A nurse prepares the Pfizer-BioNTech Covid-19 vaccine, at a vaccination center, in Sarcelles near Paris on January 10, 2021.
ALAIN JOCARD | AFP | Getty Images
Pfizer will supply up to 40 million doses of its coronavirus vaccine to a global alliance aiming to provide poor nations with coronavirus vaccines, the head of the World Health Organization said Friday.
The deal will allow Covax — co-led by the WHO — to begin delivering vaccine doses to participating countries in February, WHO’s Director-General Tedros Adhanom Ghebreyesus said during a press briefing. Tedros added that, pending emergency authorization, the program expects 150 million doses of AstraZeneca‘s vaccine to become available for distribution in the first quarter of this year.
The Covax program aims to provide 2 billion doses of Covid-19 vaccines to participating countries, which includes low- to middle-income nations, by the end of this year. The Pfizer-BioNTech vaccine requires two shots spread weeks apart, indicating the agreement would cover just 20 million people.
Tedros said the agreement would also allow other countries with supplies of Pfizer’s vaccine to donate them to the program. The WHO chief has been critical of wealthy nations that have signed supply agreements with drugmakers for their initial doses of Covid-19 vaccines, stockpiling supplies away from poorer nations.
“This is not just significant for COVAX, it is a major step forward for equitable access to vaccines, and an essential part of the global effort to beat this pandemic. We will only be safe anywhere if we are safe everywhere,” Dr. Seth Berkley, CEO of Gavi, the Vaccine Alliance, said in a statement.
Pfizer CEO Albert Bourla said during the press briefing that the company will provide the doses of vaccine to Covax and the poorer nations at a cost. Pfizer was the first company to receive a global emergency use listing for its vaccine from the WHO, allowing other countries to expedite their regulatory approval processes to begin administering the vaccine.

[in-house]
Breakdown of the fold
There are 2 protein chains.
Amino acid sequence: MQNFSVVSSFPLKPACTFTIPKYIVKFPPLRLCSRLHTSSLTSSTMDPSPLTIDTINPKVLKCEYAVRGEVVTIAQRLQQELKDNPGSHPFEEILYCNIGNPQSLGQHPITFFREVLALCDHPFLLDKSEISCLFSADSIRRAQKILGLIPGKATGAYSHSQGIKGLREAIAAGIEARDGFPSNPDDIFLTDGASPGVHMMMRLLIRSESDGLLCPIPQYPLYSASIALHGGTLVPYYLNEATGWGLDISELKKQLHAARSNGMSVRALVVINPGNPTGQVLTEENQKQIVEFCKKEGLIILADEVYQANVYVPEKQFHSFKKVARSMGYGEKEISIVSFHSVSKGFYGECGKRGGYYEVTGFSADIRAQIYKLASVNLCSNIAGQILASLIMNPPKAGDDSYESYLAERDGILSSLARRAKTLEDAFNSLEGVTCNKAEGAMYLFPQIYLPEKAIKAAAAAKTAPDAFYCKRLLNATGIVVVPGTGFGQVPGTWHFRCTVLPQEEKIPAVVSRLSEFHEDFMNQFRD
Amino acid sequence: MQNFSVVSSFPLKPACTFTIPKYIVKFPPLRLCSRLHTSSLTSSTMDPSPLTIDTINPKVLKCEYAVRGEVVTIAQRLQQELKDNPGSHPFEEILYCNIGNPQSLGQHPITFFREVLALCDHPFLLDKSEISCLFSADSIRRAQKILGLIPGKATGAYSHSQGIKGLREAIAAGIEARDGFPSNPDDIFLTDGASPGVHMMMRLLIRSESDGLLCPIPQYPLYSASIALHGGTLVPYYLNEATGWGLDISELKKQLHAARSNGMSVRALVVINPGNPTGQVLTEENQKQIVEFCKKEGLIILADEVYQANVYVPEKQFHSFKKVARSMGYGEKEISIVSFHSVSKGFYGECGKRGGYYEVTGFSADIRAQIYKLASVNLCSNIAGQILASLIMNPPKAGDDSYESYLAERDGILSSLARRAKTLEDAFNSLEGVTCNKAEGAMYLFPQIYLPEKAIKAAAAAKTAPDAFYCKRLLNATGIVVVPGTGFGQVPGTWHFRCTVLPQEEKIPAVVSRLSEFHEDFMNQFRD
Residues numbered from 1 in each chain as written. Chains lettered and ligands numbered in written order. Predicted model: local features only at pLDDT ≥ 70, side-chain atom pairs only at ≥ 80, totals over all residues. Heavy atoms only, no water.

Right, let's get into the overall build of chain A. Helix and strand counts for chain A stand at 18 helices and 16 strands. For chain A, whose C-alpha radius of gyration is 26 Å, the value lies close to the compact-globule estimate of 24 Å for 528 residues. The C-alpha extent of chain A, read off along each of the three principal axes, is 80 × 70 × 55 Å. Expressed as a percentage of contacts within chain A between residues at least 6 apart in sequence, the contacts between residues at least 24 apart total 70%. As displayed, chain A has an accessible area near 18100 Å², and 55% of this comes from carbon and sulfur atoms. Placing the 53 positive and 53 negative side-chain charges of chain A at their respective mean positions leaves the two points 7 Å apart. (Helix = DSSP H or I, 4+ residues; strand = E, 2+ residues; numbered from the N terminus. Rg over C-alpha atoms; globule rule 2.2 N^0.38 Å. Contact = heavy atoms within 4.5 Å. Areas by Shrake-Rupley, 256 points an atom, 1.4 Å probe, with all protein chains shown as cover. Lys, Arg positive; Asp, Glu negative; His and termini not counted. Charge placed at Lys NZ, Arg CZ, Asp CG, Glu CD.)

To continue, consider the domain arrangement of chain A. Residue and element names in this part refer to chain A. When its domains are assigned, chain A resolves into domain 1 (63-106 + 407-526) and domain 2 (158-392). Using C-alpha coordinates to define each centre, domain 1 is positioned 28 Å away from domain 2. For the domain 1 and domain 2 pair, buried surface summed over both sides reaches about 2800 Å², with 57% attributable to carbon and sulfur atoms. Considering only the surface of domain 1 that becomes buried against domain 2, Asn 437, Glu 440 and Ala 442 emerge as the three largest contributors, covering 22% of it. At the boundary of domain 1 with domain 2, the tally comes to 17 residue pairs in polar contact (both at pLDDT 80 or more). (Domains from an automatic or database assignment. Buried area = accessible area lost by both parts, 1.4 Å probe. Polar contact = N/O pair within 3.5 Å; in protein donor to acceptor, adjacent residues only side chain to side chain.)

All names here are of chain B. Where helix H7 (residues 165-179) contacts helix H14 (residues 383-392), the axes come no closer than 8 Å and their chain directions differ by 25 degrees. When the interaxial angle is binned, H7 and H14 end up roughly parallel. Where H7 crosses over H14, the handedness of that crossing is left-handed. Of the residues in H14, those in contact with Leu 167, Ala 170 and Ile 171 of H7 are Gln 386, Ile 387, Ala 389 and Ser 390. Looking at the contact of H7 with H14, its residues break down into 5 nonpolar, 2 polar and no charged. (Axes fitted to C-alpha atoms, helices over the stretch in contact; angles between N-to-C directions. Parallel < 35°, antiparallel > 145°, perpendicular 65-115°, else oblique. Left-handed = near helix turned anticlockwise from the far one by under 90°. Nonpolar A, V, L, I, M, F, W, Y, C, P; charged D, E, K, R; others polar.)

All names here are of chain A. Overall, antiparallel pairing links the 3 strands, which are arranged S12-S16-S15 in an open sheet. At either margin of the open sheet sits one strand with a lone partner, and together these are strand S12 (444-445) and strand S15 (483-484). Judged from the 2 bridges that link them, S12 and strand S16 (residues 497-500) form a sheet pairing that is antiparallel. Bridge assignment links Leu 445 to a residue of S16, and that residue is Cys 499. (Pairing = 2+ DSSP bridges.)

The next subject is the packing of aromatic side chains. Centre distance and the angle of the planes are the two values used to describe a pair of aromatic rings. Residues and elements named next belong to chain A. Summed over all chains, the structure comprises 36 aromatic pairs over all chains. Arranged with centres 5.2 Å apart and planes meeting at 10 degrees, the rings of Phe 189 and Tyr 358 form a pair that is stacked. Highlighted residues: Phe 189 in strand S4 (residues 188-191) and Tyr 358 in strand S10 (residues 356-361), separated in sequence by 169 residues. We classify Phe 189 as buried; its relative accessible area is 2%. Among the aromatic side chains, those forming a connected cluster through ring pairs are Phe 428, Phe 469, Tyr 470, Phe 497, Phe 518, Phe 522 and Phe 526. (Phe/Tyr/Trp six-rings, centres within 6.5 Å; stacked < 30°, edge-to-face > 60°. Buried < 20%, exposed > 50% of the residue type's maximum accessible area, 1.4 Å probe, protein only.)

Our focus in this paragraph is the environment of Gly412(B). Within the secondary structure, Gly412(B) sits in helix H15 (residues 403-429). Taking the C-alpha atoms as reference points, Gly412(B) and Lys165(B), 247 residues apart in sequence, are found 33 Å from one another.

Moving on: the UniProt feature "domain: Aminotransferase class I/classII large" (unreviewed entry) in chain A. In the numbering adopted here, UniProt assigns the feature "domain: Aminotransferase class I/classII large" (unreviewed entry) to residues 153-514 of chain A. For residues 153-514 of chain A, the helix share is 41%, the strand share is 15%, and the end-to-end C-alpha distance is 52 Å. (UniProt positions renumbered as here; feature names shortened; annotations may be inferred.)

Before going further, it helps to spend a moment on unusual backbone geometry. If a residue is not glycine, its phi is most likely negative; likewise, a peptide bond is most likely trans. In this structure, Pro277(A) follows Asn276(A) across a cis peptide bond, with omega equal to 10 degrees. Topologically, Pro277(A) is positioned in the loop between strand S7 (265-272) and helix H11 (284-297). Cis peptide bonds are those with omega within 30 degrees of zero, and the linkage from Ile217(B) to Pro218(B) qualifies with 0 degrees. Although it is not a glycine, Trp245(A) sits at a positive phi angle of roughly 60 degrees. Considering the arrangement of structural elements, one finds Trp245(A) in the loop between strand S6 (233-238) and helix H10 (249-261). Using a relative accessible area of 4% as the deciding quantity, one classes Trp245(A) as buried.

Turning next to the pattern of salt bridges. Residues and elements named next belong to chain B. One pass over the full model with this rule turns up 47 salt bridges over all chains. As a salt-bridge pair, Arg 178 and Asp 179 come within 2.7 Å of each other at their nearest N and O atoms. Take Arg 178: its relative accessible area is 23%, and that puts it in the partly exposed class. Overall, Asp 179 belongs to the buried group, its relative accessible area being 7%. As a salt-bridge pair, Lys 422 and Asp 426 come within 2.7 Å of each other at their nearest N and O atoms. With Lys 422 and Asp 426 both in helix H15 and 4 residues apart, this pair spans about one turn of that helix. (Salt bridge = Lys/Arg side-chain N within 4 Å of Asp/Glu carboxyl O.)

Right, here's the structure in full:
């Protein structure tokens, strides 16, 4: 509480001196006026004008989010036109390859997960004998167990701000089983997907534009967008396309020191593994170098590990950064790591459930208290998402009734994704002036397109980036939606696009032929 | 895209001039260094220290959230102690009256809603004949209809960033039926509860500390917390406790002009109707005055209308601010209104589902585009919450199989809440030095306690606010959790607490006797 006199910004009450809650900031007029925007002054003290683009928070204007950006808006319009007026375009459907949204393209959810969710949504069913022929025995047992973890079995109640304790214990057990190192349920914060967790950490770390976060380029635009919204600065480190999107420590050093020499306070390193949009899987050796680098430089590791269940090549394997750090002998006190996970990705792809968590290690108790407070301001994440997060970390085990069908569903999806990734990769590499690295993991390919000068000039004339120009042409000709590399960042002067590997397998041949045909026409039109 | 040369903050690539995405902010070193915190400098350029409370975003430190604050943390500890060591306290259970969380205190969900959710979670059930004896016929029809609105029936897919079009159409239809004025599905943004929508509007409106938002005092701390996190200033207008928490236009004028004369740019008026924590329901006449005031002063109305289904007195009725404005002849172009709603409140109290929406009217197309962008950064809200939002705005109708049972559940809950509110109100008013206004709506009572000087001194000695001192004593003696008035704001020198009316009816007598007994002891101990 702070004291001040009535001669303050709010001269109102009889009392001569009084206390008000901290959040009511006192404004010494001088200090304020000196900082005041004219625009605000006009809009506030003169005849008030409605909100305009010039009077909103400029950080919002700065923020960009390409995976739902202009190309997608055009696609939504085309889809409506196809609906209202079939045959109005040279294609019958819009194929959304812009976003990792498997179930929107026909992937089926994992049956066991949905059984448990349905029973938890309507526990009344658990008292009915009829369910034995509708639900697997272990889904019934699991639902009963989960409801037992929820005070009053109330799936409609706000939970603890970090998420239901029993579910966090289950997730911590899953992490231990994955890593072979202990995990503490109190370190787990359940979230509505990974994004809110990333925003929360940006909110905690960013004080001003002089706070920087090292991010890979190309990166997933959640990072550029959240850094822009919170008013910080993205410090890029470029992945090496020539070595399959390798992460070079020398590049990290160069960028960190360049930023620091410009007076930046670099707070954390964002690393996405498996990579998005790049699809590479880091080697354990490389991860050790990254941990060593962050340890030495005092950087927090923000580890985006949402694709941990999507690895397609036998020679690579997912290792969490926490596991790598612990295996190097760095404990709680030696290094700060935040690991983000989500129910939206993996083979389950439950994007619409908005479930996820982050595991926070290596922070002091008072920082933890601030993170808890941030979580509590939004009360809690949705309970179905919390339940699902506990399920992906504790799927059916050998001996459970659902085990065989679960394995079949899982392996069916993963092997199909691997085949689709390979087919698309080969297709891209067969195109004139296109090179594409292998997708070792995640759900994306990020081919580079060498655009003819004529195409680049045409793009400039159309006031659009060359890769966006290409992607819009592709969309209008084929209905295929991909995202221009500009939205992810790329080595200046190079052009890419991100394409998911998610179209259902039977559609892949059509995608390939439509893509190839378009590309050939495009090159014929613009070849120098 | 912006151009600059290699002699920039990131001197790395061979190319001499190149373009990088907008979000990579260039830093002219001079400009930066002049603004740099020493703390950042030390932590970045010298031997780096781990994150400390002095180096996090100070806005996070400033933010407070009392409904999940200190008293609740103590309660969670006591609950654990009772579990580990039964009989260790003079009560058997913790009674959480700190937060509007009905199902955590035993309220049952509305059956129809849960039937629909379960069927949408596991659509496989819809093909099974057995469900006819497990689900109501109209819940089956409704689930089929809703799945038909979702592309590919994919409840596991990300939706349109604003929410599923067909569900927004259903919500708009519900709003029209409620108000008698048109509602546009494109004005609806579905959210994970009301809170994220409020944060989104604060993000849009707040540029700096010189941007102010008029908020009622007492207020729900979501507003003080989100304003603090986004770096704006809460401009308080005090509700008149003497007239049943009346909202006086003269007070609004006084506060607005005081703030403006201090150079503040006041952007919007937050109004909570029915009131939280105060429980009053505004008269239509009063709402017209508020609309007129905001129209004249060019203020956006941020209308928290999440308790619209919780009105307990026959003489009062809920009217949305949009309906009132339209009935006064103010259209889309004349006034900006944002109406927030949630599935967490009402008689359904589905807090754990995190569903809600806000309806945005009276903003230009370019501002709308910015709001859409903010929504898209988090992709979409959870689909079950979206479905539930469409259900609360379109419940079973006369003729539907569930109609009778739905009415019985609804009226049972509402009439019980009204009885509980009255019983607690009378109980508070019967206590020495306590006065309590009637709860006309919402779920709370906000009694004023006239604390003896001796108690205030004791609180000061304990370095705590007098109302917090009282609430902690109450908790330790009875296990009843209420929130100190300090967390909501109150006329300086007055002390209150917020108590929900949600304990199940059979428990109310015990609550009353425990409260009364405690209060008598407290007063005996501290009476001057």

Bourla said the company will help deliver the doses, which require ultra-cold storage and special handling, to low-income countries. UNICEF, which is helping deliver the doses, has previously warned some of the world’s poorest countries could face challenges storing and administering the shots once they arrive.
The program’s deal with Pfizer brings its supply agreements to just over 2 billion doses total, though it will continue negotiations for additional supply. The goal is to immunize health care and other front-line workers, as well as some high-risk individuals, beginning in the first quarter this year, according to Covax.
The deal comes on the heels of the United States’ decision to remain a member of the WHO under President Joe Biden. The new administration will also join the Covax program, a move that the Trump administration resisted last year.
“I just couldn’t avoid the temptation to say that I’m very glad that this press conference is happening the day that the United States is rejoining the WHO organization. I think it’s a symbolic, great day for us,” Pfizer chief Bourla said at the briefing.